Johns Hopkins University Press  

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Train wreck at Montparnasse (October 22, 1895) by Studio Lévy and Sons.
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Train wreck at Montparnasse (October 22, 1895) by Studio Lévy and Sons.

The Johns Hopkins University Press is a publishing house and division of Johns Hopkins University that engages in publishing journals and books. It was founded in 1878 and holds the distinction of being the oldest continuously running university press in the United States. Its headquarters are in the Charles Village neighborhood of Baltimore, Maryland. Among the authors it has published, the following are especially noteworthy: Newt Gingrich, Frans de Waal, Jacques Derrida, E.L. Doctorow, Donald Kennedy, Brian Lamb, Nancy Mace, H.L. Mencken, Albert Schweitzer, and E.O. Wilson.

History

The Johns Hopkins University Press was established in 1878 as the Publication Agency of Johns Hopkins University by the University's first president Daniel Coit Gilman. In 1891, it was renamed the Johns Hopkins Press and was given its current name in 1972. To date the Press has published more than 6,000 titles and currently publishes 65 scholarly periodicals and approximately than 200 new books each year.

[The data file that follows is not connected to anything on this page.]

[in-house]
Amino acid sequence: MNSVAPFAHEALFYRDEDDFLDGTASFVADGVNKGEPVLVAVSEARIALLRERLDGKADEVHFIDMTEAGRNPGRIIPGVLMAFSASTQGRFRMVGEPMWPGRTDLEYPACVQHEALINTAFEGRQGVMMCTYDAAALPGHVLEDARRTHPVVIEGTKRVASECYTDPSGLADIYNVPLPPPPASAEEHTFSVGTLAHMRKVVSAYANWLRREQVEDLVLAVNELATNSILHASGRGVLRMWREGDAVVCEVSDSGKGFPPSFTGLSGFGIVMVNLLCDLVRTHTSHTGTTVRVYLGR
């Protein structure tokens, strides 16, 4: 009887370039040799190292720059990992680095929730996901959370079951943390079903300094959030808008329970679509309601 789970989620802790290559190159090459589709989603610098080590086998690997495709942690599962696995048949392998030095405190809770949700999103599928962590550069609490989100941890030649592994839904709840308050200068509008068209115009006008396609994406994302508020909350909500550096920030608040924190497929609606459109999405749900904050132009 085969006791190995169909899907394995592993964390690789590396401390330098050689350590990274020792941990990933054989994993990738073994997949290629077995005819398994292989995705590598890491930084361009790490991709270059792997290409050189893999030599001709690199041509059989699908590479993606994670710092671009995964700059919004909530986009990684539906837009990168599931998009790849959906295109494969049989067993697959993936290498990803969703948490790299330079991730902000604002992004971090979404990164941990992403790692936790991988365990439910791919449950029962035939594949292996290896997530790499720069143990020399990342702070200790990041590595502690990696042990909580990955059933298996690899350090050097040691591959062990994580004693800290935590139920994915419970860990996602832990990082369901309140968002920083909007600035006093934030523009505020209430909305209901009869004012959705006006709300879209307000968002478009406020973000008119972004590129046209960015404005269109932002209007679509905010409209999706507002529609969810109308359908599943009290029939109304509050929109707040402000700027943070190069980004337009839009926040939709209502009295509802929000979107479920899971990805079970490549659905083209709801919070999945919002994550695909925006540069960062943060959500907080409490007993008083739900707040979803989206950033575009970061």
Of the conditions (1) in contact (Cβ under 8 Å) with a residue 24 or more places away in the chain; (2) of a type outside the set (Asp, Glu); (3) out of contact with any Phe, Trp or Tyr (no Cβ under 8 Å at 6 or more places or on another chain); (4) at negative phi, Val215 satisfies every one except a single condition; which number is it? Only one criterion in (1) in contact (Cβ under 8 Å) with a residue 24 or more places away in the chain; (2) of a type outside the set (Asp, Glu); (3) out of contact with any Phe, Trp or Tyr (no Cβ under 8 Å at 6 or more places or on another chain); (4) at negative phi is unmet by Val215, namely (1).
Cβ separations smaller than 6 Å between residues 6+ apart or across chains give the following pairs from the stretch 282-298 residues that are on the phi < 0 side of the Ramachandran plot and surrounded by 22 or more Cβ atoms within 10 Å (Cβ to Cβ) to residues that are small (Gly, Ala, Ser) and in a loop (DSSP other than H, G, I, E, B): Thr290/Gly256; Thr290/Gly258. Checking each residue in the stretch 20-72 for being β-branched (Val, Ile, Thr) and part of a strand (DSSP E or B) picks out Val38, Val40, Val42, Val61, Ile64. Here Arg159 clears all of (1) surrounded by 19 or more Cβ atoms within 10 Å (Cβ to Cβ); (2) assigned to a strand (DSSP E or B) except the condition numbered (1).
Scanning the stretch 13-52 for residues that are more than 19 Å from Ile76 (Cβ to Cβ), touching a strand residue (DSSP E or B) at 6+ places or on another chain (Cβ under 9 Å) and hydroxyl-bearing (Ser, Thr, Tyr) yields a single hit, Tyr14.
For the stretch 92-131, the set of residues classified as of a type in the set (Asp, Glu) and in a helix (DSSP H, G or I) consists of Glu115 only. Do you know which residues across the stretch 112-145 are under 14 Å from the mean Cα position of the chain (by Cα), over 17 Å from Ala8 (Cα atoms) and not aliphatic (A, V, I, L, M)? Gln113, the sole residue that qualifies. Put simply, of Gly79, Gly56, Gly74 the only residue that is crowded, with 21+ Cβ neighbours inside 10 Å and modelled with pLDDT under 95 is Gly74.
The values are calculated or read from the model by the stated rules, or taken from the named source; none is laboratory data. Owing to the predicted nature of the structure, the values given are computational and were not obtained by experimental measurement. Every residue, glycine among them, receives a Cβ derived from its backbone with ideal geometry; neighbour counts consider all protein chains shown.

Since 1993, the Johns Hopkins University Press has run Project MUSE, a large online digital archive of articles from scholarly journals. The Press also houses Hopkins Fulfilment Services (HFS), which handles distribution for many university presses.

Taken together, the four divisions of the Press (Journals, Muse, Books and HFS) make it the largest of America's university press's with a staff of 130.




Unless indicated otherwise, the text in this article is either based on Wikipedia article "Johns Hopkins University Press" or another language Wikipedia page thereof used under the terms of the GNU Free Documentation License; or on original research by Jahsonic and friends. See Art and Popular Culture's copyright notice.

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